update deskIsrael at War

Mossad chief expected in Doha as ceasefire talks resume

Israeli Prime Minister Benjamin Netanyahu has dismissed Hamas's latest demands as "absurd."

Mossad Director David Barnea speaks at the opening of the Eli Cohen National Museum in Herzliya, Dec. 12, 2022. Photo by Avshalom Sassoni/Flash90.
Mossad Director David Barnea speaks at the opening of the Eli Cohen National Museum in Herzliya, Dec. 12, 2022. Photo by Avshalom Sassoni/Flash90.

Mossad chief David Barnea is expected to head back to Doha, Qatar for another round of ceasefire negotiations, which Egyptian officials said were set to resume on Sunday afternoon.

According to Hebrew media reports late Saturday, Barnea could arrive in Doha on Monday after Israel’s War Cabinet meets on Sunday night.

While in the Qatari capital, he will sit down with the Arab Gulf state’s Prime Minister Sheikh Mohammed bin Abdulrahman bin Jassim Al Thani and Egyptian interlocutors. Hamas will participate indirectly, marking the first time negotiations will have taken place since the start of Ramadan earlier this month.

A source told Reuters that the talks will center around the remaining gaps between Jerusalem and the Gaza-based terrorist group, including the number of Palestinian terrorists to be released from Israeli prisons in exchange for the 134 hostages still held in Gaza, as well as the delivery of humanitarian aid into the coastal enclave.

Mediators, including the United States, had hoped to secure a six-week ceasefire deal before the start of Ramadan, possibly leading to a permanent truce.

However, Jerusalem has rejected Hamas’s demands that the IDF end the fighting and exit Gaza as “delusional.”

Two Egyptian officials, one involved in the talks and one briefed on the talks, said that Hamas gave mediators a new three-stage proposal, including a six-week pause in fighting during which 35 hostages would be released for 350 Palestinian terrorists. The hostages would include women, the sick and the elderly. Hamas would also free at least five female soldiers in exchange for 50 terrorists for each soldier, including some serving longer sentences.

Also in the first stage, Israeli forces would withdraw from Gaza’s two main roads, allow displaced Gazans to return north and allow for aid to flow freely.

In the second stage, a permanent ceasefire would be established including Hamas releasing the remaining hostages alive in exchange for more Palestinian terrorists.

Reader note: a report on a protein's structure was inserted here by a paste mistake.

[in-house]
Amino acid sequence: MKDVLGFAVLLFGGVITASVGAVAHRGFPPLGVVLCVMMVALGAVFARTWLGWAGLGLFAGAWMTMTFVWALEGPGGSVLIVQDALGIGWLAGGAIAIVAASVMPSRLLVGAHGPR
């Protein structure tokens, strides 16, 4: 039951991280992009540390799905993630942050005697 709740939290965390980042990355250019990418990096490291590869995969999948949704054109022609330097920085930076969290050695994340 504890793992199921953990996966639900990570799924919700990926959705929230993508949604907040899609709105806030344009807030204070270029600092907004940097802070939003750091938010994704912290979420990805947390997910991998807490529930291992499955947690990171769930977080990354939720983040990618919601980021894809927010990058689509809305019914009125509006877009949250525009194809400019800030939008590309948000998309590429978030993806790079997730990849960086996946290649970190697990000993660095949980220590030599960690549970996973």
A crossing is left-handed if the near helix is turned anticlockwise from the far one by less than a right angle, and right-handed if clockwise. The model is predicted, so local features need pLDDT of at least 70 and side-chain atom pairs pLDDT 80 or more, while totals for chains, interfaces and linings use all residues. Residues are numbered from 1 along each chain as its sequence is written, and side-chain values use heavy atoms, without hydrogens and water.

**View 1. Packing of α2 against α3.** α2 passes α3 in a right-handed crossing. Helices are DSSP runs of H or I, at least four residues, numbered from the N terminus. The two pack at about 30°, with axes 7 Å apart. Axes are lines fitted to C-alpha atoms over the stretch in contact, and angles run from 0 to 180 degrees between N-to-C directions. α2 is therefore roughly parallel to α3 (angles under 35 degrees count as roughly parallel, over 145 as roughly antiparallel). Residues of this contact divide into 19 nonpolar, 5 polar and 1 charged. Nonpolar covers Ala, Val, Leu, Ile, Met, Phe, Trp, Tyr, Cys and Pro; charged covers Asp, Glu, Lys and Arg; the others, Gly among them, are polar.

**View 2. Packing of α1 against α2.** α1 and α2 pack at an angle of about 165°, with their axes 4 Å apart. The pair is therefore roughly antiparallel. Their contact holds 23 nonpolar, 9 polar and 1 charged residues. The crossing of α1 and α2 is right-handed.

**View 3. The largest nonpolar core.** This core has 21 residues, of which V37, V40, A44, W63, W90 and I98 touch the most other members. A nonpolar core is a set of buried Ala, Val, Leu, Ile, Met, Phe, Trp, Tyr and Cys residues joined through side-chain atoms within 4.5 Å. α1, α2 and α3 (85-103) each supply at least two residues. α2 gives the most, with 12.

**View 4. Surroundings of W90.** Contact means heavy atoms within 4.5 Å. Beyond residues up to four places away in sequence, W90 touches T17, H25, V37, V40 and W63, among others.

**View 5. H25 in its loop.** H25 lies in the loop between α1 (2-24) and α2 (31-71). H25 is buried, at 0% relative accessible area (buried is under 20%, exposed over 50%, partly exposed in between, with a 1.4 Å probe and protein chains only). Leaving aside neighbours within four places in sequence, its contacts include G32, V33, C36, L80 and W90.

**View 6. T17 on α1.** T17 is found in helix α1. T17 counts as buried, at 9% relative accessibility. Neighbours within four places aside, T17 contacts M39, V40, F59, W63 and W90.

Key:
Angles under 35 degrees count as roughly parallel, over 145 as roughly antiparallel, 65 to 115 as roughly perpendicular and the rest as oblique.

The third and final phase would involve Hamas handing over the bodies of hostages in exchange for Israel lifting the Gaza blockade and allowing reconstruction to begin.

On Friday, Israeli Prime Minister Benjamin Netanyahu called the latest Hamas demands “absurd,” yet still agreed to send negotiators to Doha.

Israeli Finance Minister Bezalel Smotrich on Saturday voiced his opposition to sending a delegation to Doha, tweeting, “I opposed the departure of the delegation to Paris and Qatar last time and it [was] proven […] right. The delusional Hamas position shows that the followers of the deal in the War Cabinet and the security establishment have lost their way, and their behavior only puts [Hamas leader in Gaza Yahya] Sinwar even higher on the tree and [pushes] the return of the abductees further away. It’s time to sober up […] and learn from mistakes.”

Smotrich continued: “Netanyahu must order the delegation to remain in Israel and the IDF to enter Rafah immediately and deepen the military pressure until Hamas is destroyed. Only in this way will it be possible, with God’s help, to win and return the abductees.”

On Sunday, Israeli Defense Minister Yoav Gallant said that “the soldiers of the IDF are fighting for their home in [Israel’s] longest and most just war. We are obligated to topple the Hamas regime, to dismantle its infrastructure—and to return the abductees home.”

For his part, Israeli President Isaac Herzog said that “it is clear to us that there is no victory without the return of the hostages. The duty to return them and to bring the bodies held in Gaza, including from ‘Operation Protective Edge’ [in 2014], for burial in Israel, to erase all doubts and fight for every shred of information for the families—all of this must remain above dispute.”

Gallant and Herzog were speaking at a state memorial ceremony at the Mount Herzl military cemetery in Jerusalem for fallen soldiers whose burial place is unknown.

U.S. Secretary of State Antony Blinken and Bahraini Crown Prince Salman bin Hamad Al Khalifa met on Saturday in Bahrain’s capital, Manama, regarding a potential ceasefire deal.

They “discussed efforts to achieve a ceasefire of at least six weeks in Gaza as part of an agreement to secure the release of hostages,” said State Department spokesperson Matthew Miller.

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